A magazine may contain explicit sexual conduct subject to prohibition under the second requirement of Miller, and a trier of fact may determine that the average person in that community would find that the magazine as a whole appeals to the prurient interest, and that characteristic is the principal appeal of the material. Nevertheless, the magazine would not be legally obscene if, under the objective third prong of Miller, the trier of fact also concluded that a reasonable person could find "serious literary, artistic, political, or scientific value." The only exception is when there is a sham attempt to insulate obscene material with non-obscene material. If the intent is to appeal to prurient interest then the mere insertion of other matter, irrelevant to the predominant theme of the material, will not prevent a determination that the material is obscene. "This would occur, for example, if the most obscene items conceivable were inserted between each of the books of the Bible." Penthouse v. McAuliffe, supra, at 1368.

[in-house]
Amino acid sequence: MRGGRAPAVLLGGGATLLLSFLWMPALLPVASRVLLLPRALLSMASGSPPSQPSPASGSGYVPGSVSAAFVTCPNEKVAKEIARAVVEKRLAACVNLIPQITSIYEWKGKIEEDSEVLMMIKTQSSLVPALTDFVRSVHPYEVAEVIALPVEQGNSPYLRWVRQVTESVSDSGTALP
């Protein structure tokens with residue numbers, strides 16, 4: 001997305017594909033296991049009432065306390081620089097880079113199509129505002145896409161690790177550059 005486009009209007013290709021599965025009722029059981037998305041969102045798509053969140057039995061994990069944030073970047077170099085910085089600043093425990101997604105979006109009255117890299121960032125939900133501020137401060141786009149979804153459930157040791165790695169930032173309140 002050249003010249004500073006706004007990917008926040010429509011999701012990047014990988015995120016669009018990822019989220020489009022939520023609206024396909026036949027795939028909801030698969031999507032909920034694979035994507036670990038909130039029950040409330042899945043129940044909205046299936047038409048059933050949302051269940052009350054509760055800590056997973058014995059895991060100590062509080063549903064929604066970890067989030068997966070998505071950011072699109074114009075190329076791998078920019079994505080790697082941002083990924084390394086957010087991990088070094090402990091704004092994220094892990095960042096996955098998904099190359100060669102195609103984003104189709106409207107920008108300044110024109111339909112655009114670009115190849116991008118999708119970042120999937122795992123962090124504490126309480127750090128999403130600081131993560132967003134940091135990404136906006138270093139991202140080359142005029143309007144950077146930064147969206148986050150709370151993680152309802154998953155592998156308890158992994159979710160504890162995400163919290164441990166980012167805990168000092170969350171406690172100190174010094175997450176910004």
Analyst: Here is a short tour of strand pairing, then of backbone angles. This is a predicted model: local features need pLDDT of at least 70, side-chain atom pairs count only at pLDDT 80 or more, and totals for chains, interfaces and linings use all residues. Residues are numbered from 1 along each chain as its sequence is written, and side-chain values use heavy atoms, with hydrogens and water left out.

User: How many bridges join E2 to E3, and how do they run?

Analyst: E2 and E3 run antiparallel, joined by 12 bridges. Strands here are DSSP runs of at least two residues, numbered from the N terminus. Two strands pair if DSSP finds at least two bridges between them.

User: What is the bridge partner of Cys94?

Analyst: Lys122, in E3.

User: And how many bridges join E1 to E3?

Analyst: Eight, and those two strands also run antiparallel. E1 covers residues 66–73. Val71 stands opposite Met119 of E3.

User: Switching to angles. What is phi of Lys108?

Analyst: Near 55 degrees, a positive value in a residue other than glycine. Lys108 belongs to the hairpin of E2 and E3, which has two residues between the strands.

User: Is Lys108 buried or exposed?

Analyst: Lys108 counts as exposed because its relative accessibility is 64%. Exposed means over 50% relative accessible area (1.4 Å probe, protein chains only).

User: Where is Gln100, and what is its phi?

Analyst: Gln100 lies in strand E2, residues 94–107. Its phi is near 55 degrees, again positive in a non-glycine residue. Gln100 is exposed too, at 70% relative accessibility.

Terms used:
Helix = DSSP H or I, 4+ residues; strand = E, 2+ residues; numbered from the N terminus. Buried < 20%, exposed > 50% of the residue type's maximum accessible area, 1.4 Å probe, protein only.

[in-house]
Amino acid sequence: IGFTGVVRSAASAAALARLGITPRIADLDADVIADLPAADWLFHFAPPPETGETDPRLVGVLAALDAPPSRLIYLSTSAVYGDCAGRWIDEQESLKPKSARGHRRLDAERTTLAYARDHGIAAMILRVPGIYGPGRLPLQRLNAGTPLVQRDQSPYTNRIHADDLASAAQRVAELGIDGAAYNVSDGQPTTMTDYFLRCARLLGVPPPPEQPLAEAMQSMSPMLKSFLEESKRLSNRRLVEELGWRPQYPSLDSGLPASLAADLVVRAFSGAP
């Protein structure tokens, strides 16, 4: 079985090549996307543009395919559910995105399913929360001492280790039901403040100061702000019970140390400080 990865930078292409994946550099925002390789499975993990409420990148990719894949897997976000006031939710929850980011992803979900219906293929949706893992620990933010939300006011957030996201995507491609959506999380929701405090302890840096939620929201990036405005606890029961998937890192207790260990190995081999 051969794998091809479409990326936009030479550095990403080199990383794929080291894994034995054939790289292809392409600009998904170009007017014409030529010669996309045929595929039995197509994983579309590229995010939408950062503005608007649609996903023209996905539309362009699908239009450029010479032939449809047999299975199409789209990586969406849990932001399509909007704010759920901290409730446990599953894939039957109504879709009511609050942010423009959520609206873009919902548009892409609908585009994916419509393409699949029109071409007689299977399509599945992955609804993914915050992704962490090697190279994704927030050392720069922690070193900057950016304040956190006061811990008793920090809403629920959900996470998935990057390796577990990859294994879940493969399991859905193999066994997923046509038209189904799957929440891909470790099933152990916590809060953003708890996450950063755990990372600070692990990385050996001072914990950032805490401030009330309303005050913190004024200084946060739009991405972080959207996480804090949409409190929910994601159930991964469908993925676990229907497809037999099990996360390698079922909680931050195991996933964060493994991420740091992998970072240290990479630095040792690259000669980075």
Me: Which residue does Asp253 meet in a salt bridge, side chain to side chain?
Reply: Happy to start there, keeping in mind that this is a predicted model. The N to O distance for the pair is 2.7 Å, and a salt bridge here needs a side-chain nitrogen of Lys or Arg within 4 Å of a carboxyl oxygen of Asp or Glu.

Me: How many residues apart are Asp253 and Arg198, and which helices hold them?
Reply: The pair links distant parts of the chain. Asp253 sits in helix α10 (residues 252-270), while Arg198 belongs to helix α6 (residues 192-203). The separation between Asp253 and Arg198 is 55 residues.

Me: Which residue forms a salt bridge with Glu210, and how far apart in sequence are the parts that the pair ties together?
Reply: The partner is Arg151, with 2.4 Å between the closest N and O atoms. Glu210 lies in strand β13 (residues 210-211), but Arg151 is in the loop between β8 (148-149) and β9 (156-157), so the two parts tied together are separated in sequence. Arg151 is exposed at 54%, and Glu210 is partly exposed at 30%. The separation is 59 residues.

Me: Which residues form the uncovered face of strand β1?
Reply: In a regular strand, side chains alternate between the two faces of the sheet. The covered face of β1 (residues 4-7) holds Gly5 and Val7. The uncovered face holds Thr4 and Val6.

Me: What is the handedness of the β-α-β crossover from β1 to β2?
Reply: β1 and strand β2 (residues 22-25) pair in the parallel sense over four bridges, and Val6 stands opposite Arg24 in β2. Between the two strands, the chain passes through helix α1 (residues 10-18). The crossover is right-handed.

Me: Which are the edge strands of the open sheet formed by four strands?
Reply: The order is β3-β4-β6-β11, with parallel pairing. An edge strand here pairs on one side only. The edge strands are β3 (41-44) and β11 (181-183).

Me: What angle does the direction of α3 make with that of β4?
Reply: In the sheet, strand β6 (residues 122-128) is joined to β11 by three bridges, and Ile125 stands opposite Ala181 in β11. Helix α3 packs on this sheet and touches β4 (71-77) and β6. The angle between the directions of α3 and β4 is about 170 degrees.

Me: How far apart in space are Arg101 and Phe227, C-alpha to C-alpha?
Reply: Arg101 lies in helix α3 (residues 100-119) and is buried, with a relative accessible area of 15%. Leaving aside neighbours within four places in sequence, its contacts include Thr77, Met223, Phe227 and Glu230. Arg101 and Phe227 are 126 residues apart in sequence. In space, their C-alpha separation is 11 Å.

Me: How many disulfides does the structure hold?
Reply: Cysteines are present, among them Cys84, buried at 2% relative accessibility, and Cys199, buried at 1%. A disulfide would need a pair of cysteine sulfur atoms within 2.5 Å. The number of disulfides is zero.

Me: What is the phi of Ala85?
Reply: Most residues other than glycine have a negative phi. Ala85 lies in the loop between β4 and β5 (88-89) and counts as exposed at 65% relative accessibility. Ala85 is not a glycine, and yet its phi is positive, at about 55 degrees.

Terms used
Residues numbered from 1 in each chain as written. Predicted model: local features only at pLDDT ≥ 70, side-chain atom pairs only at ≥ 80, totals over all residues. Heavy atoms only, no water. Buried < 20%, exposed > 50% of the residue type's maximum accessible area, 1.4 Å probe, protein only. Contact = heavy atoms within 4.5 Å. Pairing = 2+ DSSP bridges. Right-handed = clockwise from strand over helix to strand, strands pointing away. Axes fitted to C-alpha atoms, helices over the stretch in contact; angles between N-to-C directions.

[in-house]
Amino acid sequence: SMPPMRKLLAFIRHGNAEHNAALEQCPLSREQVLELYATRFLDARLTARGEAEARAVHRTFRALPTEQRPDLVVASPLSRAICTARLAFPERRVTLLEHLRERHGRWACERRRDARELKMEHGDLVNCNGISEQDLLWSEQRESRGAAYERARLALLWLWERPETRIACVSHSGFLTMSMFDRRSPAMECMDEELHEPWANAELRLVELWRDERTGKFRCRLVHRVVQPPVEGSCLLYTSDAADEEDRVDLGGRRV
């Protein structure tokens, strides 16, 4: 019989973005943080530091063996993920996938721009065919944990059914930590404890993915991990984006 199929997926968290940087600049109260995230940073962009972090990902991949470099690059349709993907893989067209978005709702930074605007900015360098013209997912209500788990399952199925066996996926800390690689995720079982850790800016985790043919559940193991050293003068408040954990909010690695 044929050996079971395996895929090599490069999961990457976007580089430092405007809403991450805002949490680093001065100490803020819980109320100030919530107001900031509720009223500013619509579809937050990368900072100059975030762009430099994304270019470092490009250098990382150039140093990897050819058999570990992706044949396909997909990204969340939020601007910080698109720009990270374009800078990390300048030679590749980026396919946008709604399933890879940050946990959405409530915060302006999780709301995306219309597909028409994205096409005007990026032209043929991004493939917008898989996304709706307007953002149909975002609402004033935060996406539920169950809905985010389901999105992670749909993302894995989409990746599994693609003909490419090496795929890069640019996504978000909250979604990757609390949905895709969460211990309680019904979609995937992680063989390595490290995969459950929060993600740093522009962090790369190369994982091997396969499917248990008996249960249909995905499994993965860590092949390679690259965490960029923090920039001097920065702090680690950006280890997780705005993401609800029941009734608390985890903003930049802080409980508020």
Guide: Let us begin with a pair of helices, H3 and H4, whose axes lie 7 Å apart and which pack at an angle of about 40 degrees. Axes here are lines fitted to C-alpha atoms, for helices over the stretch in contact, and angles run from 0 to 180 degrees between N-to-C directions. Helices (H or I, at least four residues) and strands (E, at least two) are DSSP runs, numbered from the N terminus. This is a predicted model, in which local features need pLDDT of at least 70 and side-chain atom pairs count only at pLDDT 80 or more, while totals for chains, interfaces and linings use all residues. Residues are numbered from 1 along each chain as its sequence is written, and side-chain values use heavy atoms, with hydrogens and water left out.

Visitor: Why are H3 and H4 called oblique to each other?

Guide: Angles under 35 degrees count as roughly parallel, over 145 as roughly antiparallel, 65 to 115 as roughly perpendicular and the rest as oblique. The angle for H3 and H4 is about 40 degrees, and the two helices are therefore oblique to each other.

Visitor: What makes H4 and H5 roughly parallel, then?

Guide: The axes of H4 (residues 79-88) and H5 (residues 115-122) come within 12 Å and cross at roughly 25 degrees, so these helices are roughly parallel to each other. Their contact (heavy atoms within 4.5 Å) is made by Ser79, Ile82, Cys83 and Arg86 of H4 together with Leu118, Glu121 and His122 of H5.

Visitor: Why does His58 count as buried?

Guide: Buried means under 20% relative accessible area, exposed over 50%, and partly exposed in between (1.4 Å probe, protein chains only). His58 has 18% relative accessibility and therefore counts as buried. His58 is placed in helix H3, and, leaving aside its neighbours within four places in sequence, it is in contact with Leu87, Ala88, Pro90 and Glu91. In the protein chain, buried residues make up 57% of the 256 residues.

The requirements of Miller are cumulative and mandatory. They provide the analytical screen through which all challenged material must be filtered. If the Urbana ordinances defining obscenity and sexual conduct are construed in light of the requirements of Miller, they are constitutional as are the parallel Ohio statutes. Burgun; Turoso, supra.

We now turn to the challenged magazines.

The trial court ruled that Dr. Joe Scott, an assistant professor of sociology, was qualified as an expert in human sexuality, sociology and obscenity. Dr. Scott testified that all five magazines are considered in the magazine publishing trade as "male sophisticate" magazines as opposed to "explicit" magazines. The difference between the two categories is that explicit magazines show actual penetration, i.e., "there is nothing left to the imagination." Dr. Scott testified that industry records show that approximately nine thousand adult male sophisticate magazines are sold each year in Champaign County. Within the "adult male sophisticate" category, there is a range of content, as is demonstrated by the exhibits.